D-76-PK Subban (Nashville)
After missing 19 games earlier this season due to injury, Subban is on pace for only 36 points in 63 games. While it is Mattias Ekholm who leads Preds in scoring, Subban’s inclusion would make more sense in the spirit of the All-Star Game. It’s an entertainment event, the best opportunity there is for players to show their individual personalities and indulge in some self-expression with less fear of criticism. With the most unbridled personality in the NHL, you’ve got to include Subban if he’s not injured.
D-20-Ryan Suter (Minnesota)
Despite having just turned 34, Suter is enjoying the best offensive years of his career. Coming off his second season of having a career-high 51 points, the shut-down point-producer is on pace for 52.
R-91-Vladimir Tarasenko (St. Louis)
On St. Louis, there’s Ryan O’Reilly, Tarasenko and David Perron, and there’s everyone else. I found the differences in Tarasenko and Perron’s scoring numbers to be minimal, so I decided that despite trailing Perron, Tarasenko would be my extra pick because he’s the bigger name.
R-26-Blake Wheeler (Winnipeg)
C-20-Sebastian Aho (Carolina)
R-13-Cam Atkinson (Columbus)
C-19-Nicklas Backstrom (Washington)
For the Capitals, it was a no-brainer that the extra All-Star in this hypothetical scenario would be one of their centres. Looking at their numbers, it’s clear that Backstrom, reasserting his place as the no.1 centre on pace for 80 points, as opposed to Kuznetsov’s under-70-point pace, that gets the nod.
C-13-Mathew Barzal (NY Islanders)
G-72-Sergei Bobrovsky (Columbus)
Both the defencemen and goaltending picks for this division were difficult due to the lack of appealing options. I ultimately picked players who could be reasonably expected to perform well under ordinary circumstances. Such is the case with Bobrovsky, who only has a 0.904 Save% in 58 games this season.
D-74-John Carlson (Washington)
C-87-Sidney Crosby (Pittsburgh)
C-28-Claude Giroux (Philadelphia)
D-53-Shayne Gostisbehere (Philadelphia)
Gostisbehere appears to have a tendency to bounce between strong and weak seasons. After a very strong 65-point finish last season, Gostisbehere is on pace for a much weaker 35 points. It’s based on the total of his career to date that Gostisbehere gets named here.
G-70-Braden Holtby (Washington)
D-3-Seth Jones (Columbus)
R-81-Phil Kessel (Pittsburgh)
Last season saw Kessel return to the 30-goal mark with 34 goals while setting a new career-high with 92 points. It was either Kessel or Evgeni Malkin for this spot, but I ultimately chose Kessel as he is on pace for another 90 point season.
L-27-Anders Lee (NY Islanders)
The Isles’ first-year captain gets the nod here over Josh Bailey, with whom Lee is tied for second in team scoring, for three reasons. Firstly, Lee is coming off seasons of 34 and 40 goals. Secondly, Lee is on pace to top 30 goals again where Bailey isn’t. Thirdly, Lee gets the edge as team captain.
D-58-Kris Letang (Pittsburgh) - Last Man In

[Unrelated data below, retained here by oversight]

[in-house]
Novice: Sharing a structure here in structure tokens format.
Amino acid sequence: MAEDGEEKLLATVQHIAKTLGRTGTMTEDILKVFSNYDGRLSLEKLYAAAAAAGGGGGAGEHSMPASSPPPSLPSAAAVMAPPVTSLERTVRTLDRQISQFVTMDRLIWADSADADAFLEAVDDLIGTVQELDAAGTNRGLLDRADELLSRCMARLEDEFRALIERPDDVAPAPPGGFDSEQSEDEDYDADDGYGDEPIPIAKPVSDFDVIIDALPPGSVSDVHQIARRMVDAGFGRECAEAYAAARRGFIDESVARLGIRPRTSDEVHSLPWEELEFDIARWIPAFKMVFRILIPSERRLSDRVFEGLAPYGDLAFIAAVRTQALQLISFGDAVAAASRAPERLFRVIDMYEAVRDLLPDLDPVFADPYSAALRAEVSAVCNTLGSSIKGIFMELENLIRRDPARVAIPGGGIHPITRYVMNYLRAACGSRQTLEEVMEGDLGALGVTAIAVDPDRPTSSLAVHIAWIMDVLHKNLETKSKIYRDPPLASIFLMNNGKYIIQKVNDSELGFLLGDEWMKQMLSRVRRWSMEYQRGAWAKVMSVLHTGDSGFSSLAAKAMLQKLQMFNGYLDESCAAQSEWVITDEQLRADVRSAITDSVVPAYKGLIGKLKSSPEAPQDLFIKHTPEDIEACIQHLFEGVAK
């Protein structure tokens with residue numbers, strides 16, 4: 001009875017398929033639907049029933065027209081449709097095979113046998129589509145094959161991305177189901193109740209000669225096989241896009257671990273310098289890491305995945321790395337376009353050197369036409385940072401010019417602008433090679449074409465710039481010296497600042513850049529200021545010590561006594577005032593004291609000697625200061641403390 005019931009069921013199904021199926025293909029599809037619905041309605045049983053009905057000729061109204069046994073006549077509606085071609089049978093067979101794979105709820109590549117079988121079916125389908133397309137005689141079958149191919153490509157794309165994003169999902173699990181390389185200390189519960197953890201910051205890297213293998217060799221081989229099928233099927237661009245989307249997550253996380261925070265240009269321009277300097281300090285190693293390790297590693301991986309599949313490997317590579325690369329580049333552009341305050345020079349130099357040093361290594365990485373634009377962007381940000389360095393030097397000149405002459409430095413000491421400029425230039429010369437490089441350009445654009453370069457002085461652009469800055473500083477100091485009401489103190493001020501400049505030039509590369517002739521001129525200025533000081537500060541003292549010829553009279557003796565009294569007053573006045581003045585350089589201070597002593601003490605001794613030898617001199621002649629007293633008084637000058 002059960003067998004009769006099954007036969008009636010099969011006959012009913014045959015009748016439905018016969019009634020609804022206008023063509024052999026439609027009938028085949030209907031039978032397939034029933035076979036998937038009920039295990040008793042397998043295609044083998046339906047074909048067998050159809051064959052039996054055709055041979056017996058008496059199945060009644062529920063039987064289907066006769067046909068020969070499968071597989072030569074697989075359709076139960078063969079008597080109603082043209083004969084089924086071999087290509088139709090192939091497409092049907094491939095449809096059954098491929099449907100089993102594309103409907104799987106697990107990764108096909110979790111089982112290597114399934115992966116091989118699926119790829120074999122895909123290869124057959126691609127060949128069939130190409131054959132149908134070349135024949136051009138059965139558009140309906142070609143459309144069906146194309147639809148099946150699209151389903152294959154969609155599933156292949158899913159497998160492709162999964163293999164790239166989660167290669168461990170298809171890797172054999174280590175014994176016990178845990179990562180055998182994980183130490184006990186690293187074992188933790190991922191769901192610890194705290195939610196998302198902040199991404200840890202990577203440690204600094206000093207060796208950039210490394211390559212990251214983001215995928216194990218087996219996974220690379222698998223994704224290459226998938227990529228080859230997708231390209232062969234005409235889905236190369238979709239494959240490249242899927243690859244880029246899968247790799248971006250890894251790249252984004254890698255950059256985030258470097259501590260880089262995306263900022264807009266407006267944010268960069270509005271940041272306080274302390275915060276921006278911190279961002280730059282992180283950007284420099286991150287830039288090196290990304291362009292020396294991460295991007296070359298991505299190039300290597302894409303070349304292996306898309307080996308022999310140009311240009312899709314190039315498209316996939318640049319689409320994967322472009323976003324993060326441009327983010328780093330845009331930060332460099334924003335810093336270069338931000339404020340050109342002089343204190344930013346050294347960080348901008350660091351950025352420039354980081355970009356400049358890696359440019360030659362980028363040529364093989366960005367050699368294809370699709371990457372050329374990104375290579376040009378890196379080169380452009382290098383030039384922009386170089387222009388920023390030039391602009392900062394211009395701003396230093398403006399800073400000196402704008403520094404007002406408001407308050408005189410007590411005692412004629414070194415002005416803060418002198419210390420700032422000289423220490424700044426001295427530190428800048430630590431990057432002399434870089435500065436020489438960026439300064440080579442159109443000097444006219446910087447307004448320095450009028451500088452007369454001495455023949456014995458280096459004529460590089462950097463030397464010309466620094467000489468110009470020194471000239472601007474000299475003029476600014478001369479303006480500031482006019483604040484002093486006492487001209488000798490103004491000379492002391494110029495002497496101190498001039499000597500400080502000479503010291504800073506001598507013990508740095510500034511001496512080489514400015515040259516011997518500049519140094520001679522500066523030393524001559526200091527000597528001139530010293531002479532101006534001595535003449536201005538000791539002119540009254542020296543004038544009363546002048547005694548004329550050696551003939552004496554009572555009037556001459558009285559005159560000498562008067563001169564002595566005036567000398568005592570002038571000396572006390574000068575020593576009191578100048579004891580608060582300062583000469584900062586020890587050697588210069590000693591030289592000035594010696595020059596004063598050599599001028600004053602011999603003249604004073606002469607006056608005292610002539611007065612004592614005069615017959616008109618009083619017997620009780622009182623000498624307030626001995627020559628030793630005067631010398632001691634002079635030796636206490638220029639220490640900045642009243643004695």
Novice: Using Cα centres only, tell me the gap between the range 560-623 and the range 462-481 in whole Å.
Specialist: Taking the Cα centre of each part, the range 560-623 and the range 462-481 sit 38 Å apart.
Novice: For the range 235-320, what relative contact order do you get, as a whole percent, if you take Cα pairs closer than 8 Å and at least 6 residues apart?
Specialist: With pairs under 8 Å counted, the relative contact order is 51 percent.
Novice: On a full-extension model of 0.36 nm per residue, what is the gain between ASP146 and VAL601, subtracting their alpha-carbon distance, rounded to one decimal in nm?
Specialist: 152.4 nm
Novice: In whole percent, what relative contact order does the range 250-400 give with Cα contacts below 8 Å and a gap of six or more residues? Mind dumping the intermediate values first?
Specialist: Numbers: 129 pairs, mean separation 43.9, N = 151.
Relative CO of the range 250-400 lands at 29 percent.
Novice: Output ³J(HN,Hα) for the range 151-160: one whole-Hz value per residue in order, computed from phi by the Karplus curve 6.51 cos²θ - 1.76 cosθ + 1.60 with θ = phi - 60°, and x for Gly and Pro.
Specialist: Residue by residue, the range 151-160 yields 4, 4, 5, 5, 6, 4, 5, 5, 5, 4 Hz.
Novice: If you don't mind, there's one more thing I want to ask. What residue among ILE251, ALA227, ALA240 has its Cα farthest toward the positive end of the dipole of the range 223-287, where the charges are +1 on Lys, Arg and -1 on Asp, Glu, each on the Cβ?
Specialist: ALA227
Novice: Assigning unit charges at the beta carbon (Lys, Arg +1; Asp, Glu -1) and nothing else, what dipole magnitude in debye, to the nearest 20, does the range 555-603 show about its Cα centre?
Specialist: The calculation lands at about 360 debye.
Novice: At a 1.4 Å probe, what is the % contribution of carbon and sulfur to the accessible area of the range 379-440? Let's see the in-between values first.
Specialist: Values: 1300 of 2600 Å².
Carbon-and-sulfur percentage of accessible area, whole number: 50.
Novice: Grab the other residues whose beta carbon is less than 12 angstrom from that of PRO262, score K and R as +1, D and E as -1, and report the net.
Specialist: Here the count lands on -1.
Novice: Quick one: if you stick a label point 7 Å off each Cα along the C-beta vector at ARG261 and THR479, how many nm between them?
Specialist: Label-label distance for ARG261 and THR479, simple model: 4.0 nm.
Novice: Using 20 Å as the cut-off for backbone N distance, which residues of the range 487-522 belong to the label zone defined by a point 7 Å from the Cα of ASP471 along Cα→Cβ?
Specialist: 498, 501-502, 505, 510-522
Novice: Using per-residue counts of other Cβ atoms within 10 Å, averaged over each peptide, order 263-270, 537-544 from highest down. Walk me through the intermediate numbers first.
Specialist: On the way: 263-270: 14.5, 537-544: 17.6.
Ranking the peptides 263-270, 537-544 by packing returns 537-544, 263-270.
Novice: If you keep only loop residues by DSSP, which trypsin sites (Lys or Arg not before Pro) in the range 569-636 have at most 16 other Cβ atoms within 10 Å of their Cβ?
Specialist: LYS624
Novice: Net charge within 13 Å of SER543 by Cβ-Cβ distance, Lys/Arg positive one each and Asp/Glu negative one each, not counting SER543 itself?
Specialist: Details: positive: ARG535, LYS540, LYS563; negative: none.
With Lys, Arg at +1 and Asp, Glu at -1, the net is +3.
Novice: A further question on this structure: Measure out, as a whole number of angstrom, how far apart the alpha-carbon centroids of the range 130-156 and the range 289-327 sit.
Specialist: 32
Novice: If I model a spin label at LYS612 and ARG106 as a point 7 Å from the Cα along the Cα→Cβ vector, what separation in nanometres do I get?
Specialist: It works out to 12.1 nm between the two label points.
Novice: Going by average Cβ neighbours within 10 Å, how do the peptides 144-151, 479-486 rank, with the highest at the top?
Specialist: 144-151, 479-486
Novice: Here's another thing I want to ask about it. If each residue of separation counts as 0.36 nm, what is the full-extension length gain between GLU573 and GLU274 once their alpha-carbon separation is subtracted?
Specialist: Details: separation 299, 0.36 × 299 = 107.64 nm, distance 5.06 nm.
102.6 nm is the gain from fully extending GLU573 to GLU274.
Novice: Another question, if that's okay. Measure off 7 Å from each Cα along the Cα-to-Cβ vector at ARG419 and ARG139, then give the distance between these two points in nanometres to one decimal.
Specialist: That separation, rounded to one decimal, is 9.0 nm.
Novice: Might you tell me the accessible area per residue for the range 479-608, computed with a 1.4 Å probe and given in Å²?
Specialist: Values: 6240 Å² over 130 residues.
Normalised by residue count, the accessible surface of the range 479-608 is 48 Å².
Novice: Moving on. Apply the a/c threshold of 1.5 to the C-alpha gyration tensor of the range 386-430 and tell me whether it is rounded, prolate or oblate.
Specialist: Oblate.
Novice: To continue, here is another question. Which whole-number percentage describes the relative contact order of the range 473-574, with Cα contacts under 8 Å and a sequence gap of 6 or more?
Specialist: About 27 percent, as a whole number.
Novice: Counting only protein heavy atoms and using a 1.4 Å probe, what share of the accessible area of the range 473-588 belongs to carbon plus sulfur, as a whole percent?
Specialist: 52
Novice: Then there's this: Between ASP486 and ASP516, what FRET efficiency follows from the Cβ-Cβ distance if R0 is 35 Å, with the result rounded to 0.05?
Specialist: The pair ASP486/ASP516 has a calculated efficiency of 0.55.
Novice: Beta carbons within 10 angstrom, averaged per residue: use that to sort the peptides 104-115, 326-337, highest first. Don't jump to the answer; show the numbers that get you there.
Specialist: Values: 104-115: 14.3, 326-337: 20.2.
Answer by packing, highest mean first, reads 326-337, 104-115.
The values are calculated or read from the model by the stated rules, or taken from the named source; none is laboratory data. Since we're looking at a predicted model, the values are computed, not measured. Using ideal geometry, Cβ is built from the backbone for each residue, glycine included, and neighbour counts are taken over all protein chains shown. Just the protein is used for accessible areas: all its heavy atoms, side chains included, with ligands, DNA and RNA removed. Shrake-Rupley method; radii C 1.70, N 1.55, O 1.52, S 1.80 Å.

G-30-Henrik Lundqvist (NY Rangers)
R-21-Kyle Palmieri (New Jersey)
L-9-Artemi Panarin (Columbus)
Seemingly playing out the end of his time with Columbus as nears unrestricted free agency, Panarin is making a case for a big money contract with his current season. He is on pace for 33 goals, 59 assists, and 92 points, all of which would be career-highs for Panarin.
D-28-Damon Severson (New Jersey)
With limited selection for the Devils’ additional All-Star, it was ultimately down to picking one of their offensive defencemen. As the leading defensive scorer for New Jersey, Severson gets the nod.
D-74-Jaccob Slavin (Carolina)
While Slavin is seen first and foremost as a defensive defenceman, Slavin has found some consistent offence. He is coming consecutive 30+point seasons and is on pace for a career-high 36 points. Despite playing on a team with Justin Faulk and Dougie Hamilton, Slavin leads all Hurricanes defencemen in scoring.
D-8-Zach Werenski (Columbus)
Werenski sophomore slumped last season, as he fell from 47 points to 37. Werenski still had a strong season, and is back to a 46-point pace this season. It’s looking like a bit of a Columbus lovefest, but Columbus’ top players are so good and there’s such slim pickings in the rest of the division.
R-14-Justin Williams (Carolina) - Commissioner’s Selection
Having scored 27 points in 48 games so far this season, a 46-point pace. Williams doesn’t immediately strike one as a Commissioner’s Selection type. However, the first-year captain is 37, not exactly smack-dab in his prime, and a pending UFA. He’s another who could extend their career with another contract, but retirement is nearing.
C-93-Mika Zibanejad (NY Rangers)
With 47 points in 72 games last season, Zibanejad was only technically the Rangers’ no.1 centre, just having that spot officially due to the Rangers’ lack of no.1 centres. This season, with 44 points in 48 games and a pace for 76 points, he is most definitely a no.1 centre.